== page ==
PROPERTY WINNERS AND LOSERS
|Just capital - Londoners are moving out of the city|
There's a new wave of people moving out of London and buying houses
in the South East.
So what are the implications for home owners
who already live in the green and pleasant pastures of the South East?
Out investigates the region's new housing hot spots.
Living in London
isn't always all that it's cracked up to be.
There's the crowded public
transport system, the crime, the pollution, the overcrowding, the heavy traffic
and the congestion charge.
But Londoners are cottoning on to the fact that
there's a much more pleasant place to live very nearby - the South East of England.
The houses are cheaper, the air is fresher and
there's plenty of
space to spread your wings.
So it's no surprise that Londoners are selling
their houses and buying a much better property and lifestyle for the same money.
Pushing up prices
There's nothing new in the surge to move
South East - Londoners have been doing it for years.
But it seems that
now there another wave of Londoners heading this way in search of a better life.
|Greenshifters are looking South East for property|
And this is affecting existing homeowners because it's pushing up house
prices in the South East.
The Office of National Statistics monitors how
many people move in and out of London.
They found that in 2003 a balance
of 113,400 people left the capital, and we can be safely assured that a substantial
number moved to the South East.
The newcomers have been dubbed "greenshifters"
because they're shifting from the dirty streets of London and moving out to the
tranquil green pastures of the South East and the coastal areas of Great Britain.
These new greenshifters aren't just moving in terms
of getting a better value property, but they're getting a better quality of life.
in East Sussex is home for the King family, and their three children - Henry,
Bronte and Francesca.
The Kings bought their current house for £140,000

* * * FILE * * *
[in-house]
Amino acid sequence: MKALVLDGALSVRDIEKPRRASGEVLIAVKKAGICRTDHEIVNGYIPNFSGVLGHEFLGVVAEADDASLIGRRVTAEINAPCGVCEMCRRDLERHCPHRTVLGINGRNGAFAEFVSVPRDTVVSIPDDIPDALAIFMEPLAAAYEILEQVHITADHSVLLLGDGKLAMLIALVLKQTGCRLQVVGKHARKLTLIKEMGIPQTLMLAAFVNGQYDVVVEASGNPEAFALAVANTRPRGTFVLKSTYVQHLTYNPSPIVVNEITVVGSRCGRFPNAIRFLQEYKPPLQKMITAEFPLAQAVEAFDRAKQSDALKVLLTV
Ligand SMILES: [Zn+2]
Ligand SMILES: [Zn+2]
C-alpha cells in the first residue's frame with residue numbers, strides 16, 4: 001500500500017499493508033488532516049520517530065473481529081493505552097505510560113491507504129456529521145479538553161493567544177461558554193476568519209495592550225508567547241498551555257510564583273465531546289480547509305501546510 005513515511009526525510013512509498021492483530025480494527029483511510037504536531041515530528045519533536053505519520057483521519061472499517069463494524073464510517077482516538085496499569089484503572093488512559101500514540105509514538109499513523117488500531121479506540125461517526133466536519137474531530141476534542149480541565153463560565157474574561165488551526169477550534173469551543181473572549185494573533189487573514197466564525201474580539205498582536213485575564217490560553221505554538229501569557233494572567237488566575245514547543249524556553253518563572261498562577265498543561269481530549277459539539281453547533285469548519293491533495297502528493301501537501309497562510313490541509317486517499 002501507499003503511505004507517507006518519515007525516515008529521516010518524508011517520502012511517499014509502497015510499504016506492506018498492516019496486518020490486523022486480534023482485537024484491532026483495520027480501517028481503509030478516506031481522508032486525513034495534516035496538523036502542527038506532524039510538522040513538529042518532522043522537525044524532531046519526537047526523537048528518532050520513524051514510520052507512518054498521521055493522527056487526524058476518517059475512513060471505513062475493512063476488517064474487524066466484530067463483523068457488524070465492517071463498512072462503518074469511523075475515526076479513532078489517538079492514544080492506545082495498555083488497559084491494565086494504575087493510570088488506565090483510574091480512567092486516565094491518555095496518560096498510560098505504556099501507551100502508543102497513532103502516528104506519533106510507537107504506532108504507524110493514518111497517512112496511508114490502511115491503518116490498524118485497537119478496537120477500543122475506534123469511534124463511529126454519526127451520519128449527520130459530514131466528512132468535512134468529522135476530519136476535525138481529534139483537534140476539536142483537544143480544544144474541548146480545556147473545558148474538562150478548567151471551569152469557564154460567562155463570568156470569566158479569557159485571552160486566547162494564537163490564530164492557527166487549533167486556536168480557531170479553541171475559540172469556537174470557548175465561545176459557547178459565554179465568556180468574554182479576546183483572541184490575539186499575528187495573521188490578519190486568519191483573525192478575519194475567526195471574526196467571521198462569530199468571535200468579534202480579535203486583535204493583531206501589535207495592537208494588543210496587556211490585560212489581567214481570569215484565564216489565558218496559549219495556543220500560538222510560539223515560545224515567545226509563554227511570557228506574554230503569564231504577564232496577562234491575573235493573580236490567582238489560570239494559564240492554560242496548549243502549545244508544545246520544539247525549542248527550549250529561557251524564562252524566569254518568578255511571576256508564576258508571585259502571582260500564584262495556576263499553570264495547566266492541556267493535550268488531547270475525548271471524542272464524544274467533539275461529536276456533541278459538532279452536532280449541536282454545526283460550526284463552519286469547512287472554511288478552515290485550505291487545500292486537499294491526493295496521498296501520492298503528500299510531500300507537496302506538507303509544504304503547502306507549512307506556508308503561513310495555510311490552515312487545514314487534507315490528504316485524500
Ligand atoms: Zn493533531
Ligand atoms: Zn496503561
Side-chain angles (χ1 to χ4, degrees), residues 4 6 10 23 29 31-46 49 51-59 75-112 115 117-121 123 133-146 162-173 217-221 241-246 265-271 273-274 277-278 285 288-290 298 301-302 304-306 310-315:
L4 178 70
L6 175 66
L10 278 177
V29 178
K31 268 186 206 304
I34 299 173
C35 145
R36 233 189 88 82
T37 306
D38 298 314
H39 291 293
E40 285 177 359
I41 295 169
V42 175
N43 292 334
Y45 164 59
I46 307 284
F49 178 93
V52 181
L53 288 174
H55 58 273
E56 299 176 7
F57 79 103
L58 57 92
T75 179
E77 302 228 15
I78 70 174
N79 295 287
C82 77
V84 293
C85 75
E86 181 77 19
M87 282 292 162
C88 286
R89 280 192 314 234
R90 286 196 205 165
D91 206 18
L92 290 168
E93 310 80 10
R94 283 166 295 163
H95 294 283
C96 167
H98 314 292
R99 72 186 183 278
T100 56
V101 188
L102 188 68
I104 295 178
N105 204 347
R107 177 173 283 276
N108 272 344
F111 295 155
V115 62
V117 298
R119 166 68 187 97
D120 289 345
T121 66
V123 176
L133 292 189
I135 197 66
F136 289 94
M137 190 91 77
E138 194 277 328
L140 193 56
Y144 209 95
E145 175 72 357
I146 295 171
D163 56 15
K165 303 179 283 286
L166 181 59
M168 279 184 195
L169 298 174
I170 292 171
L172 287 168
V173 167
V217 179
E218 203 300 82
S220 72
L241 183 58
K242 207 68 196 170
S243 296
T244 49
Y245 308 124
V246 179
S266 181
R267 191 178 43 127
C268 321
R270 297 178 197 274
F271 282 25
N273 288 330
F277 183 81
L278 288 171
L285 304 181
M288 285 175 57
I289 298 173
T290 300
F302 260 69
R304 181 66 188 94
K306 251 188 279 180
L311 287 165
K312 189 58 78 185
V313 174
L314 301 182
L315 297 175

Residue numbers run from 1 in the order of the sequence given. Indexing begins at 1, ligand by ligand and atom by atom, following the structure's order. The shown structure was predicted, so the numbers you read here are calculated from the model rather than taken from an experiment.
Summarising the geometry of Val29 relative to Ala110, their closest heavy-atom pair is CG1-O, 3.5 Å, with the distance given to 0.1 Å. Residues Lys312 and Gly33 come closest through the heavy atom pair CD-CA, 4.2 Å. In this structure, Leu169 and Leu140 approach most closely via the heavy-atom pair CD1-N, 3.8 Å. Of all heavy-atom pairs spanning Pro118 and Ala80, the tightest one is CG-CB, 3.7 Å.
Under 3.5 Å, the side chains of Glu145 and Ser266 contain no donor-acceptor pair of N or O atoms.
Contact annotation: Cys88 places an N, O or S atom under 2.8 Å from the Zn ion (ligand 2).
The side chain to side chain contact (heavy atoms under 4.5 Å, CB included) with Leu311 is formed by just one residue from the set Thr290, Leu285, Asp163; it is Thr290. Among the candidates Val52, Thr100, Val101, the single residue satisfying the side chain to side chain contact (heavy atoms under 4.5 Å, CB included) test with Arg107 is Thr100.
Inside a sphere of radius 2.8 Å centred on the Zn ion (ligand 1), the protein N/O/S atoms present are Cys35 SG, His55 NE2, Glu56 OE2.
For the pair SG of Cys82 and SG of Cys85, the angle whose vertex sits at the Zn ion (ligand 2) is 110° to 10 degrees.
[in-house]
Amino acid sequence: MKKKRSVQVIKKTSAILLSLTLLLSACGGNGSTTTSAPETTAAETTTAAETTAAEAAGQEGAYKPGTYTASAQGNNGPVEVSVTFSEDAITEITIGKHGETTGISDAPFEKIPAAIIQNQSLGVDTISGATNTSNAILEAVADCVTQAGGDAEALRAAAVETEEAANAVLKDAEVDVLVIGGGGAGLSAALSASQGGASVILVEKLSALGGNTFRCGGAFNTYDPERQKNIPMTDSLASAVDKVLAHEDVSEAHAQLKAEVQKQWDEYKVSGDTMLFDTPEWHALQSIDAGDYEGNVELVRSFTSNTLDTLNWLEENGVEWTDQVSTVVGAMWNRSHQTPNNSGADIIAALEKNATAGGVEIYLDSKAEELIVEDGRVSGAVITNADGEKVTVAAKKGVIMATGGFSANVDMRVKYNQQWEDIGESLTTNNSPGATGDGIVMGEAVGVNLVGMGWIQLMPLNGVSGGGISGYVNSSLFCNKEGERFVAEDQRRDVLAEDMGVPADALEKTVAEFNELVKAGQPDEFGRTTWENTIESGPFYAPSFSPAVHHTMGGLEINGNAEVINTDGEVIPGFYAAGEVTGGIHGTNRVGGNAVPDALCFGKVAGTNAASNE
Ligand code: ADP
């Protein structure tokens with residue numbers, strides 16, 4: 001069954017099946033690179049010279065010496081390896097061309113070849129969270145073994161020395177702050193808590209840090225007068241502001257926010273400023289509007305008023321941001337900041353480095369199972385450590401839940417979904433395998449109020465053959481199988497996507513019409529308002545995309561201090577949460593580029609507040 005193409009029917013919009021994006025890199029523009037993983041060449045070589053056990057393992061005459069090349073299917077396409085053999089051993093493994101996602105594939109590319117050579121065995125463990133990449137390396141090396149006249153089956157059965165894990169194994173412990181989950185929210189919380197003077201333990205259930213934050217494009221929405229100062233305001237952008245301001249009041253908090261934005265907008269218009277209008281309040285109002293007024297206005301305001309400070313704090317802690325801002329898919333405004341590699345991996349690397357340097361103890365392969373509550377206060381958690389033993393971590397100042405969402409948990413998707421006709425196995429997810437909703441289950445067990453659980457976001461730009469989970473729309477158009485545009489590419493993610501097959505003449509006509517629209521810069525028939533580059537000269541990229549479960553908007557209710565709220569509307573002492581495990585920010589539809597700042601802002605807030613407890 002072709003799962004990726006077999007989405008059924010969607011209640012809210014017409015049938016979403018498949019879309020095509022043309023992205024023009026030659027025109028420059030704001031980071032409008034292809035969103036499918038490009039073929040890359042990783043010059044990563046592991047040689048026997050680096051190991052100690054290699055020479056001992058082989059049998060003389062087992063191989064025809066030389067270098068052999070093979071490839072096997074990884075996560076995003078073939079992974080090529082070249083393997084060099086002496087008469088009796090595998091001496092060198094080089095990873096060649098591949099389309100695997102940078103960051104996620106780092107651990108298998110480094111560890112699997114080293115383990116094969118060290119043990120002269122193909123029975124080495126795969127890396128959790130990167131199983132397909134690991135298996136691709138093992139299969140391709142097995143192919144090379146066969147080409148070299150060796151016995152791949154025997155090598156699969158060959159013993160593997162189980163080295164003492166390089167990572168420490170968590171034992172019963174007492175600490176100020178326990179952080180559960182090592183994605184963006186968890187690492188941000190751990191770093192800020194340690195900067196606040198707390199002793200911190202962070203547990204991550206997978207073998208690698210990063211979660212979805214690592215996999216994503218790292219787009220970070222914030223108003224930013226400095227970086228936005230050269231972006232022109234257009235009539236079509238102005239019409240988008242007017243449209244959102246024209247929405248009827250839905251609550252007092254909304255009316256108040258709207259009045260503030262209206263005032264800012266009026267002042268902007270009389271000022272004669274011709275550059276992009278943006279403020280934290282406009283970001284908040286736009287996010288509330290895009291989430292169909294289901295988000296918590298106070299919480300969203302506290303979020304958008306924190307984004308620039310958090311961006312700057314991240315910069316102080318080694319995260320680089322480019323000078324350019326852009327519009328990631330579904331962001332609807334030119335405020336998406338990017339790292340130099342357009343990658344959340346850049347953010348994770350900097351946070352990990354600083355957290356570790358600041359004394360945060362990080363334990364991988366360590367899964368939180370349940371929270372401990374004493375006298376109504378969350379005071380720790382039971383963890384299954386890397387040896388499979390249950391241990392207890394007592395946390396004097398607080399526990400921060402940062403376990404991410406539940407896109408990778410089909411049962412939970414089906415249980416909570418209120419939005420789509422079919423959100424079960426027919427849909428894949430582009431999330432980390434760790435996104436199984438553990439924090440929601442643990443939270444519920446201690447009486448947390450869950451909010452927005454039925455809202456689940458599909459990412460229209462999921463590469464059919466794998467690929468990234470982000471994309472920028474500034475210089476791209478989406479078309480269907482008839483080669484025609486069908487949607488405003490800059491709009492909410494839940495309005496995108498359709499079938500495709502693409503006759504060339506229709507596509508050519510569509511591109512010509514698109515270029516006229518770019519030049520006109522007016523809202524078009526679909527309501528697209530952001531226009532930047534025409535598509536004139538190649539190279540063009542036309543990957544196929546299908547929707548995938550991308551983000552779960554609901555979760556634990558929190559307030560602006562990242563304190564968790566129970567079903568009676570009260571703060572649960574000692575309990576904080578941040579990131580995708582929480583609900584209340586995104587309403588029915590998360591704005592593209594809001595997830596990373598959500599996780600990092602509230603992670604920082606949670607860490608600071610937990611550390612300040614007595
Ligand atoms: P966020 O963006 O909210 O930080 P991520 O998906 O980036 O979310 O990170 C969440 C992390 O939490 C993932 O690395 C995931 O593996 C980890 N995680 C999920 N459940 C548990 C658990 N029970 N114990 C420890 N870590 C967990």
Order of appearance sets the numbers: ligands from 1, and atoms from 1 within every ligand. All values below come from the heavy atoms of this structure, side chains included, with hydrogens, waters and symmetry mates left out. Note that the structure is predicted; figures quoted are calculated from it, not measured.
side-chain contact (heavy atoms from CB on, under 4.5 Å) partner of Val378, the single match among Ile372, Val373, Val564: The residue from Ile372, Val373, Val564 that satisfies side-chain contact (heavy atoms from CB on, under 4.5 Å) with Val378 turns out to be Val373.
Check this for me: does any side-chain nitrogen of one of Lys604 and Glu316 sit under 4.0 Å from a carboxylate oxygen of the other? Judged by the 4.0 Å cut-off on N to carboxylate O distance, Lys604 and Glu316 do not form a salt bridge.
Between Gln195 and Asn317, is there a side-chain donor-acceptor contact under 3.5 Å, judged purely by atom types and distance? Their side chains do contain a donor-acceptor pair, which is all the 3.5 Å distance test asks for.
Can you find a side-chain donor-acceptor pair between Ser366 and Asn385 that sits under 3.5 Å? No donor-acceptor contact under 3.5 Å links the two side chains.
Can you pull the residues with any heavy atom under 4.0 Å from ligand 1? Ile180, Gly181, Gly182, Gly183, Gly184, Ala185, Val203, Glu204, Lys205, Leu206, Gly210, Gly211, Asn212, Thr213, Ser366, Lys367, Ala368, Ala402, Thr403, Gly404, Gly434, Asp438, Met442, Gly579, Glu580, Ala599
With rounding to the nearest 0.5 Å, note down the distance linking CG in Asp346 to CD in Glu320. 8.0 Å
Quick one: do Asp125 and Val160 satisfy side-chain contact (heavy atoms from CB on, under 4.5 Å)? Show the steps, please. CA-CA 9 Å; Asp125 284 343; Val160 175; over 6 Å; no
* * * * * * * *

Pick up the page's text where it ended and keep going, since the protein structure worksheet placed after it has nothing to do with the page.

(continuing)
eight years ago.
They're now selling the house for £495,000, making
a considerable profit.
In fairness they have spent a lot of money on
the renovation of their property, but nevertheless, it's a tidy sum.
John Wrigglesworth, a Property Consultant, explains how the
market is changing.
|Property - The Facts|
2005 house prices in the South East are:
- Detached: £359,877
- Terraced: £175,077
- Flat: £145,832
2005 house prices in Greater London are:
- Detached: £569,338
- Terraced: £278,094
- Flat: £239,316
- Source: BBC News
"The winners are those
who've got property. Either they've got property or they're buying it right now.
"The losers though are the people who are not in the position to buy
It's the prospective first time buyers who've been saving up who
will be hit hardest in his opinion.
"People who live out in Kent and
Sussex who have been saving up, who will now start seeing house prices outpacing
"It will make it more and more difficult to get on
to the first rung of the ladder."
First time buyers
at the bottom of the housing chain who can't afford to buy a flat, it's a huge
One option for them is to lower their sights and buy part of a
flat - it's called co-ownership.
Sarah Douglas and Christopher Barber from
Ashford are first time buyers.
These days it almost goes without saying
that they can't afford to buy a flat of their own. So they've turned to a housing
association for help.
So Sarah and Chris' only option is to buy half of
a flat and pay a minimal rent to the housing association which owns the other
So if you're a first time buyer, part ownership
with a housing association may be a good option.
But if you're one of the
lucky ones, you'll be further up the property ladder.
Your house will have
increased in value over the years as money trickles out of London.
want to sell up and pocket some of the cash, you might be looking for a cheaper
place to live.
|Letting and Co-ownership are options for some |
So where are the best bargains in the South East?
to the Halifax Building Society, Margate is currently the place with the cheapest
average property price.
The National Association of Estate Agents agreed,
and also recommended Maidstone.
For an example a three bedroom terrace
house in Hedley Street, within walking distance of Maidstone East station has
a guide price of £145,000.
Other experts point to at Hastings as another
possible bargain location.
A top floor, one bedroom flat in Stockleigh
Road, Hastings is currently on the market for £79,950.
although the money is being made in London, it's being spent in the South east.
Some experts predict the effect will be to push prices up faster than in
Experts predict that prices in the countryside are going to
increase relatively more than in London.
|Winners and losers - are you a property climber|
So people moving out now and those already living in the countryside
are likely to see the benefit of price rises - and these could be two or even
three times higher in terms of price changes than they'll experience in London.
the London greenshifters could be doing the South East a favour, but only if we
own a property.
The message is clearly to get on the property ladder as
soon as possible and keep climbing, any way you can.